The Bunker: Snafu City

This week in The Bunker: how wrong decisions led to the loss of a $35 million jet fighter; Big Defense Contractors support congressional Big Liars; the Gaza pier’s lesson; and more.

The Bunker logo, done in military stencil, in front of the Pentagon building

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This week in The Bunker: how wrong decisions led to the loss of a $35 million jet fighter; Big Defense Contractors support congressional Big Liars; the Gaza pier’s lesson; and more.


Small mistakes compound into disaster

Most civilians don’t know how much can go wrong during the kind of military training U.S. troops conduct every day. Like most of us, those in uniform can tolerate an occasional flub. But when they begin piling up — and involve heavy-duty hardware expressly built to kill and destroy — the results can be catastrophic.

Take the flight of a pair of F-15s over Oregon on May 15, 2023. One of the planes never should have been flying. It had evidence of a hydraulic leak that should have kept it grounded. But maintainers crossed their wrenches and gave it an “Exceptional Release” to train with F-35 fighters.

That decision came back to bite the Oregon Air National Guard’s 173rd Fighter Wing right in the fuselage. After the exercise, the pilot of the second F-15 spied hydraulic fluid leaking from his partner’s plane. The pilot of the leaking F-15 declared an in-flight emergency and told the tower he planned to land normally. But if his hydraulic-powered brakes failed, he said he would fly around and make a second try. On that second attempt, he said, he’d rely on his lowered tailhook to snag the emergency arresting cable stretched across the runway and bring the plane to a safe landing (Navy warplanes rely on tailhooks to land on short aircraft-carrier decks, but the Air Force uses them only in emergencies).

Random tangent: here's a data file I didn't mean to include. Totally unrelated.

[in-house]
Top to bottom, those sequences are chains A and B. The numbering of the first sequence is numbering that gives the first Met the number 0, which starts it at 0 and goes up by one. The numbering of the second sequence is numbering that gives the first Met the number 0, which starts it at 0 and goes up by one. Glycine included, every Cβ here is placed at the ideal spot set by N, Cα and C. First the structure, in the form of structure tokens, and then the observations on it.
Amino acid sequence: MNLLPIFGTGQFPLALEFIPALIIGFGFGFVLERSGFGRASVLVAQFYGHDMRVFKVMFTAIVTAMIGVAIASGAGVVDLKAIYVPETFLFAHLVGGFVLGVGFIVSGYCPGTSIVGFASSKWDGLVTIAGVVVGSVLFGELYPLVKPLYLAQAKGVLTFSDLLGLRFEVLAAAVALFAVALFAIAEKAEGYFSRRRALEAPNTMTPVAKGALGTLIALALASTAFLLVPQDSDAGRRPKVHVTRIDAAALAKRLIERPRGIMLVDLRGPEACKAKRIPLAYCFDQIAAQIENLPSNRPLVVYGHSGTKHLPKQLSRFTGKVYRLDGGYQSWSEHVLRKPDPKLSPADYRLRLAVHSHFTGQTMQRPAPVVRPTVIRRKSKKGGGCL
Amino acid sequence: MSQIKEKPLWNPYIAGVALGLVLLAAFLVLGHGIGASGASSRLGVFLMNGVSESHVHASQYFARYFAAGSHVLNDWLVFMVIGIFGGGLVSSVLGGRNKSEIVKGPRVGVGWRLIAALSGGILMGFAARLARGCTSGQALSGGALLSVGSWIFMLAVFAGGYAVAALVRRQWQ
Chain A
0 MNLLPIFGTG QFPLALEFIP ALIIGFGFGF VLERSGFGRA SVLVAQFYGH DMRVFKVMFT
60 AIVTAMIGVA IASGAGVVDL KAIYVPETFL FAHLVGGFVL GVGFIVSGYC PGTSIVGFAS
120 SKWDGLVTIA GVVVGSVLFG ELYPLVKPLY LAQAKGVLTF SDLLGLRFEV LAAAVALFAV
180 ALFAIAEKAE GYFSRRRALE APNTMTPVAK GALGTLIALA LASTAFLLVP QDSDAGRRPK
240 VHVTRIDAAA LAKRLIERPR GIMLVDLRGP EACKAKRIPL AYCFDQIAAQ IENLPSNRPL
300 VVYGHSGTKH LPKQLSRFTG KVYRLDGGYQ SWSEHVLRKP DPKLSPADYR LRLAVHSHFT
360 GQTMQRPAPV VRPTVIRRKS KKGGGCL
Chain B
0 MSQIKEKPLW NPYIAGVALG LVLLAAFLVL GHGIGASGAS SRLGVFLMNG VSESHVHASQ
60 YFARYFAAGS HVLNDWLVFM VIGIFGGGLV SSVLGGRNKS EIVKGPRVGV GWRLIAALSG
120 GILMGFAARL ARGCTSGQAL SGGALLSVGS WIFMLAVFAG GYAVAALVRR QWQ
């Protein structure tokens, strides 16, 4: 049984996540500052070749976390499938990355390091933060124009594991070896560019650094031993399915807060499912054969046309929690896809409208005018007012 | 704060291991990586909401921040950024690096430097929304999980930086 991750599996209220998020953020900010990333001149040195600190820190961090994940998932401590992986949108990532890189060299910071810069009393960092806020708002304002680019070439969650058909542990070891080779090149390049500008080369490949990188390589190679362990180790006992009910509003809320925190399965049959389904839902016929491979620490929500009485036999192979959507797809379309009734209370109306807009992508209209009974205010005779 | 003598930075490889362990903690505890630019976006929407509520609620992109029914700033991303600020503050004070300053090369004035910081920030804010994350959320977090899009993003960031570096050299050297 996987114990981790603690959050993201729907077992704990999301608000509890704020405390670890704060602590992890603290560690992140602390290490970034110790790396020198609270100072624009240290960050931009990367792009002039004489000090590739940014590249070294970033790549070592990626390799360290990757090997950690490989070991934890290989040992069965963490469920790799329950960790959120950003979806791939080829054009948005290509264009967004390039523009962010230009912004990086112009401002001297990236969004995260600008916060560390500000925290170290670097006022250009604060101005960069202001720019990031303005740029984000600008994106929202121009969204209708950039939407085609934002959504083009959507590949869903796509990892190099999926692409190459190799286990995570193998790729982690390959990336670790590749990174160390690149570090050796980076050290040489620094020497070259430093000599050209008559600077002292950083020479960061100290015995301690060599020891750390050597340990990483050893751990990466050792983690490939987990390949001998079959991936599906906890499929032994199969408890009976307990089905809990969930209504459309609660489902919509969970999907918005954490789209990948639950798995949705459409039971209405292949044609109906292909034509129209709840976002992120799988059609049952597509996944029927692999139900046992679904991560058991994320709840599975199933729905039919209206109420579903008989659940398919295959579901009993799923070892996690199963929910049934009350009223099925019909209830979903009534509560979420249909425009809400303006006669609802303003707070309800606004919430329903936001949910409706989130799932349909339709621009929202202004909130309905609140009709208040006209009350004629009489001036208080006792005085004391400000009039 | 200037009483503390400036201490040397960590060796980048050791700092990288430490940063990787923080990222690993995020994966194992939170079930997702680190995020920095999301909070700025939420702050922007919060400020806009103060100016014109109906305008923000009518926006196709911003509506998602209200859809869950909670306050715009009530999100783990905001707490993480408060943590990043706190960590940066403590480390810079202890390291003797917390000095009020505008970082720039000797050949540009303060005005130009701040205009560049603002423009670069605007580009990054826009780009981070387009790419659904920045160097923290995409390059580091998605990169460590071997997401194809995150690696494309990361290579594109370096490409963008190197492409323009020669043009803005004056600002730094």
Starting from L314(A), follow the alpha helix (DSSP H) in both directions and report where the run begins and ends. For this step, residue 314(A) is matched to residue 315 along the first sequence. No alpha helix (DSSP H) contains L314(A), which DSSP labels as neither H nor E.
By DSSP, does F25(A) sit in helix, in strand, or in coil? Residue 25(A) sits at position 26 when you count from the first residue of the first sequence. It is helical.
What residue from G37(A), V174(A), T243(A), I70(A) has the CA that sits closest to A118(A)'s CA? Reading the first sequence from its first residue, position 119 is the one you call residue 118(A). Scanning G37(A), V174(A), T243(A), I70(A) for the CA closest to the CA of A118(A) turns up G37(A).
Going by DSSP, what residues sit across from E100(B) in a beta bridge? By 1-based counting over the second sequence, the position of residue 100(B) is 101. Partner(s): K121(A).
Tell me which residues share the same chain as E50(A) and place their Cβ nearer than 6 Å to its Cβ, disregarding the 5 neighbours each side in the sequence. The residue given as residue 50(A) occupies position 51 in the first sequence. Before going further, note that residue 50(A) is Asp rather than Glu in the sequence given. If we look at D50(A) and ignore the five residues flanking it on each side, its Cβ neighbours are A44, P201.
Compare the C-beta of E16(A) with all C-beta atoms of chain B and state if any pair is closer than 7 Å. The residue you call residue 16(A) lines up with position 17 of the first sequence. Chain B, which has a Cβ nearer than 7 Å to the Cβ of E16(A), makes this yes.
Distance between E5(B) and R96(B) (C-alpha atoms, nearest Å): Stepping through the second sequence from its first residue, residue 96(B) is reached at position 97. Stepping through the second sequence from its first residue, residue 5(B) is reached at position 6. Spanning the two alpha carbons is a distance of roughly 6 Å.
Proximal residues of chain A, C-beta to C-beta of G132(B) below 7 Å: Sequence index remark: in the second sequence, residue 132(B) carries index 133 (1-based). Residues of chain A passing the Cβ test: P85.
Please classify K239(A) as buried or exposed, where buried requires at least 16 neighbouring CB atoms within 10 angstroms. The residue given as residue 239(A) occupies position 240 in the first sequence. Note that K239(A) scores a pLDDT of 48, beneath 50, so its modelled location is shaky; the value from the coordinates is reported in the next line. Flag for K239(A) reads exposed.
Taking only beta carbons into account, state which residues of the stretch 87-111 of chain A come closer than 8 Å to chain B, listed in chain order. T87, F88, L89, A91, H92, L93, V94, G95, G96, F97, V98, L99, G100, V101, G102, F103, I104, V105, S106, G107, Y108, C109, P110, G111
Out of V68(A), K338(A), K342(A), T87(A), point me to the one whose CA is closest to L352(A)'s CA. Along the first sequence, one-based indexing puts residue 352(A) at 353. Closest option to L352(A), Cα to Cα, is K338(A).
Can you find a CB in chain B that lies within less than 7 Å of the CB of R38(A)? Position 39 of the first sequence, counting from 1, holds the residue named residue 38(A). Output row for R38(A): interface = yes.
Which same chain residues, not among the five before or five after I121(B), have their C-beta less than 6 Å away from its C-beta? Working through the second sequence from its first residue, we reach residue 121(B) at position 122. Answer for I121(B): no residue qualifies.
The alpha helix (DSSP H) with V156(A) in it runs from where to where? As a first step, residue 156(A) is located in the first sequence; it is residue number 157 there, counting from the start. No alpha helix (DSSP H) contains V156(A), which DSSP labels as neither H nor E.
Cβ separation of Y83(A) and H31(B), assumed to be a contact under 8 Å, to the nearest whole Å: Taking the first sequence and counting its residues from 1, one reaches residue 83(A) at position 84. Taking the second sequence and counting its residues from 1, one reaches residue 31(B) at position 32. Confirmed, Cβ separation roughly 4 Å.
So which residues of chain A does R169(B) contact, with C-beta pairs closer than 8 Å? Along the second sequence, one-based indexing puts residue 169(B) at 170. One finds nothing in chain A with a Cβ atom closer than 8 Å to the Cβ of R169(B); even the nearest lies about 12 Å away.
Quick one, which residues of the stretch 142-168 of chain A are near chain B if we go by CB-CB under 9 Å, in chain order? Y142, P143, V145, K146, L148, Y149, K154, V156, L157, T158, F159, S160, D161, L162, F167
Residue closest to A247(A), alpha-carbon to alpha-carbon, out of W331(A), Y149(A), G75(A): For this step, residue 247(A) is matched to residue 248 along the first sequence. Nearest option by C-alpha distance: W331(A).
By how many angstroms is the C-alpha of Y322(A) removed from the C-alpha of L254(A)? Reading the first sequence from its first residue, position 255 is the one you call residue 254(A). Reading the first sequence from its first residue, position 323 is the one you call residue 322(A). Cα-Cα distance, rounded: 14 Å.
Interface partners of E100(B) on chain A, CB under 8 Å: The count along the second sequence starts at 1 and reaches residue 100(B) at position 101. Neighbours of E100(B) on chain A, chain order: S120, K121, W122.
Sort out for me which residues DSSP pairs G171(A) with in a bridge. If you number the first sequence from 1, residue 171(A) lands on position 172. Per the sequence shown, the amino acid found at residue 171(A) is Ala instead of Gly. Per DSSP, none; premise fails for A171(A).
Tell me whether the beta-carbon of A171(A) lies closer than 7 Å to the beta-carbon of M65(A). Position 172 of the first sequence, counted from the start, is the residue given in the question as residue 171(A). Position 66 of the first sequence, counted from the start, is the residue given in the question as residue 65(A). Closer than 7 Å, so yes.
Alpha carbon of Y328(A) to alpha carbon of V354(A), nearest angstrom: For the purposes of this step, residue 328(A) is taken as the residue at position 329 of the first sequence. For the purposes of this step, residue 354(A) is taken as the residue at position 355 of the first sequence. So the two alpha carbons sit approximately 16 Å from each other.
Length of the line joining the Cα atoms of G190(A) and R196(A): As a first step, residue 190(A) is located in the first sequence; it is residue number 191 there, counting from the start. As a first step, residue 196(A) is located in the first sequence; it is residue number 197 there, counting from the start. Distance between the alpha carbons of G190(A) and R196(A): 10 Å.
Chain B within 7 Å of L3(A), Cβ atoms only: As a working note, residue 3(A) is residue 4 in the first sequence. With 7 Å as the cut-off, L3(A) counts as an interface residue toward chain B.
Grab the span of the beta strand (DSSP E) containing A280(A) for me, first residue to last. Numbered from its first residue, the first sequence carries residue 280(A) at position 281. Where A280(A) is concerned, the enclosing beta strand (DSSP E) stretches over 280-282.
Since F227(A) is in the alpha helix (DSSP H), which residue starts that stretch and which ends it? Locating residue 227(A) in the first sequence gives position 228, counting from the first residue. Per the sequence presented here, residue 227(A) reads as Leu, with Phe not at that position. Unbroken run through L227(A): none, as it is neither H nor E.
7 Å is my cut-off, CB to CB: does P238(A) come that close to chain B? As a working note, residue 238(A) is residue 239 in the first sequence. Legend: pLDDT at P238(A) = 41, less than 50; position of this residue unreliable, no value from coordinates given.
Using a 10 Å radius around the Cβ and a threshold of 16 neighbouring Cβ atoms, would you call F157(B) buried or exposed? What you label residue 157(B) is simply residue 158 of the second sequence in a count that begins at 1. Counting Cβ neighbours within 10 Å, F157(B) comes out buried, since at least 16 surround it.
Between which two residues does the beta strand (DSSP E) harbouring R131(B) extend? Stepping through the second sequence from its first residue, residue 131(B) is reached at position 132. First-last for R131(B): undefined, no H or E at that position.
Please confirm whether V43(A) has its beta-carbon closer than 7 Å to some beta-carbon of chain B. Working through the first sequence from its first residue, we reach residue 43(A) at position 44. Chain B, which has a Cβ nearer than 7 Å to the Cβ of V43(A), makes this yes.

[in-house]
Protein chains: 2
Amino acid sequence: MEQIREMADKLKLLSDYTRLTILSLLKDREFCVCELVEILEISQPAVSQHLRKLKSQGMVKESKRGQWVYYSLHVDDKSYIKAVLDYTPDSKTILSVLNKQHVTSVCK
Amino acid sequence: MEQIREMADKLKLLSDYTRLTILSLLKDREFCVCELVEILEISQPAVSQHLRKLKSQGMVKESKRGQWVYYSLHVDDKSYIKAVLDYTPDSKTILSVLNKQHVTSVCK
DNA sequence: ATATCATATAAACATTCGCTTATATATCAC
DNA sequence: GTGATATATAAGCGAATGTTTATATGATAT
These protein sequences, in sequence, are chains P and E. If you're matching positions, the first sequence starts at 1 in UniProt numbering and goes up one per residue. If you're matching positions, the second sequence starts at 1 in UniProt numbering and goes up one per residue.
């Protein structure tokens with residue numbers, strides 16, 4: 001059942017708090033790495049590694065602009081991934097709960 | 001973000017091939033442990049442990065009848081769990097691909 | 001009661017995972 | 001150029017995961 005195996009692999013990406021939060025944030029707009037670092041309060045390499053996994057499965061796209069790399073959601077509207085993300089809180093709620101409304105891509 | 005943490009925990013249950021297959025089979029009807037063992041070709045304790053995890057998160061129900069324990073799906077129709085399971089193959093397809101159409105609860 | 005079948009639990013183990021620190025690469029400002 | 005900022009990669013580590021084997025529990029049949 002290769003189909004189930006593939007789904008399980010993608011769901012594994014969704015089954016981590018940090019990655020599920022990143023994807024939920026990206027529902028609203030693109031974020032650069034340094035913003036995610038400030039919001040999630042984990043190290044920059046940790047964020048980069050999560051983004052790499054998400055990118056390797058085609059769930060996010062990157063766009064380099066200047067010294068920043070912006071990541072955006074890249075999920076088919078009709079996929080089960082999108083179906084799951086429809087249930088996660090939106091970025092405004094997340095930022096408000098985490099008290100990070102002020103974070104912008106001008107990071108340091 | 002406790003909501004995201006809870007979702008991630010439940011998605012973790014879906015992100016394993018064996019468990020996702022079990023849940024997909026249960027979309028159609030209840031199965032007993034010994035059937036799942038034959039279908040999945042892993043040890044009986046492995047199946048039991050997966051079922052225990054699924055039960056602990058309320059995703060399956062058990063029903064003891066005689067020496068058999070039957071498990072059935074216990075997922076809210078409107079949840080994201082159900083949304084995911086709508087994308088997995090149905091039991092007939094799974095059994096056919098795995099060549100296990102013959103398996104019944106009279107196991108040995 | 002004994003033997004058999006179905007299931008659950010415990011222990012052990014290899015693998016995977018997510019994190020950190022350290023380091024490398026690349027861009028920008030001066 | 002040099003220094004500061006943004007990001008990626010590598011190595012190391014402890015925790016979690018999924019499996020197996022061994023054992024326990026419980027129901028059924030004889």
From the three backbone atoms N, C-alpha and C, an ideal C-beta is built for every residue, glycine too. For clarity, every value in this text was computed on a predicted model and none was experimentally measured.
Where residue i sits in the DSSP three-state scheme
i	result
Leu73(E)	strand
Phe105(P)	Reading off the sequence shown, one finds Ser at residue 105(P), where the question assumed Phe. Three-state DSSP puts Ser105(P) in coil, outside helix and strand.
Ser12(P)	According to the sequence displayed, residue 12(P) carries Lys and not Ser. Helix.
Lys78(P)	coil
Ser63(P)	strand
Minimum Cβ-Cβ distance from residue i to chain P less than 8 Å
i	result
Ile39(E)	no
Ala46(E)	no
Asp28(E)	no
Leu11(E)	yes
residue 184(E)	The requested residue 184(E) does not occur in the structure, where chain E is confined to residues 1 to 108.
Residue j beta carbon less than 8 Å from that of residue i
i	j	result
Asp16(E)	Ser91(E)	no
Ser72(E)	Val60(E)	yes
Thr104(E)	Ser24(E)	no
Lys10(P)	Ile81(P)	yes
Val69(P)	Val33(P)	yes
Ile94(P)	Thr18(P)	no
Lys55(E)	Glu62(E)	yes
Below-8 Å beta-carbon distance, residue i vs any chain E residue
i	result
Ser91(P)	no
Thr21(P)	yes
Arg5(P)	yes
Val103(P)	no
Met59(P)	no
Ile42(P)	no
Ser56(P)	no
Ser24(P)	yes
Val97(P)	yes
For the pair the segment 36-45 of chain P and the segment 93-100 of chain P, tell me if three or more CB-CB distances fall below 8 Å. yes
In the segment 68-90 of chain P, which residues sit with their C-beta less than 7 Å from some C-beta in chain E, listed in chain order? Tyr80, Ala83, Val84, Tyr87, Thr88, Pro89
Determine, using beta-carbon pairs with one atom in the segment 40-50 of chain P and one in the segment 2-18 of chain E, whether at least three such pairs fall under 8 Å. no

The tower told him the cable was up, but the pilot changed his mind halfway down the runway. As his brakes faded, the pilot thought he was running out of room to power up his jet for a fly-around. He needed to land, now, using the F-15’s tailhook. He uttered a single fateful word to the tower: “Cable.”

The official Air Force inquiry (PDF) into the mishap, released June 4, transcribed the resulting frantic conversation in dry prose, without an exclamation point in sight.

The air traffic controller thought the pilot wanted the arresting cable lowered. “Cable coming down,” the tower told the pilot three seconds after flipping the switch to lower it. “No, no, I need cable, cable up, cable up, cable up, cable up,” the pilot radioed seven seconds later.

Four seconds later, the tower declared “Cable up.” But it was too little, too late. “No cable” the pilot radioed the tower.

The pilot opted not to use the plane’s emergency braking system for fear of blowing the plane’s tires and losing control. Instead, he planned to drive the plane off the end of the runway and have it bog down to a stop.

But when the pilot veered the plane around a light fixture four seconds after leaving the runway, the F-15 hit a raised berm at about 55 mph and momentarily took off again, before plunging into an irrigation canal (PDF).

If the maintainers had done their job, “there is a high likelihood” the F-15 would have been grounded, the probe concluded. If the pilot and tower had communicated better about the arresting cable, or if the pilot had used his emergency brake, there would have been a safe, not-much-drama, landing. But when all three parties failed to do their jobs, a $35,536,444 aircraft was destroyed. The pilot, while injured, survived.

Think of it as a 21st century for-want-of-a-nail tale.


Defense contractors go along, to get along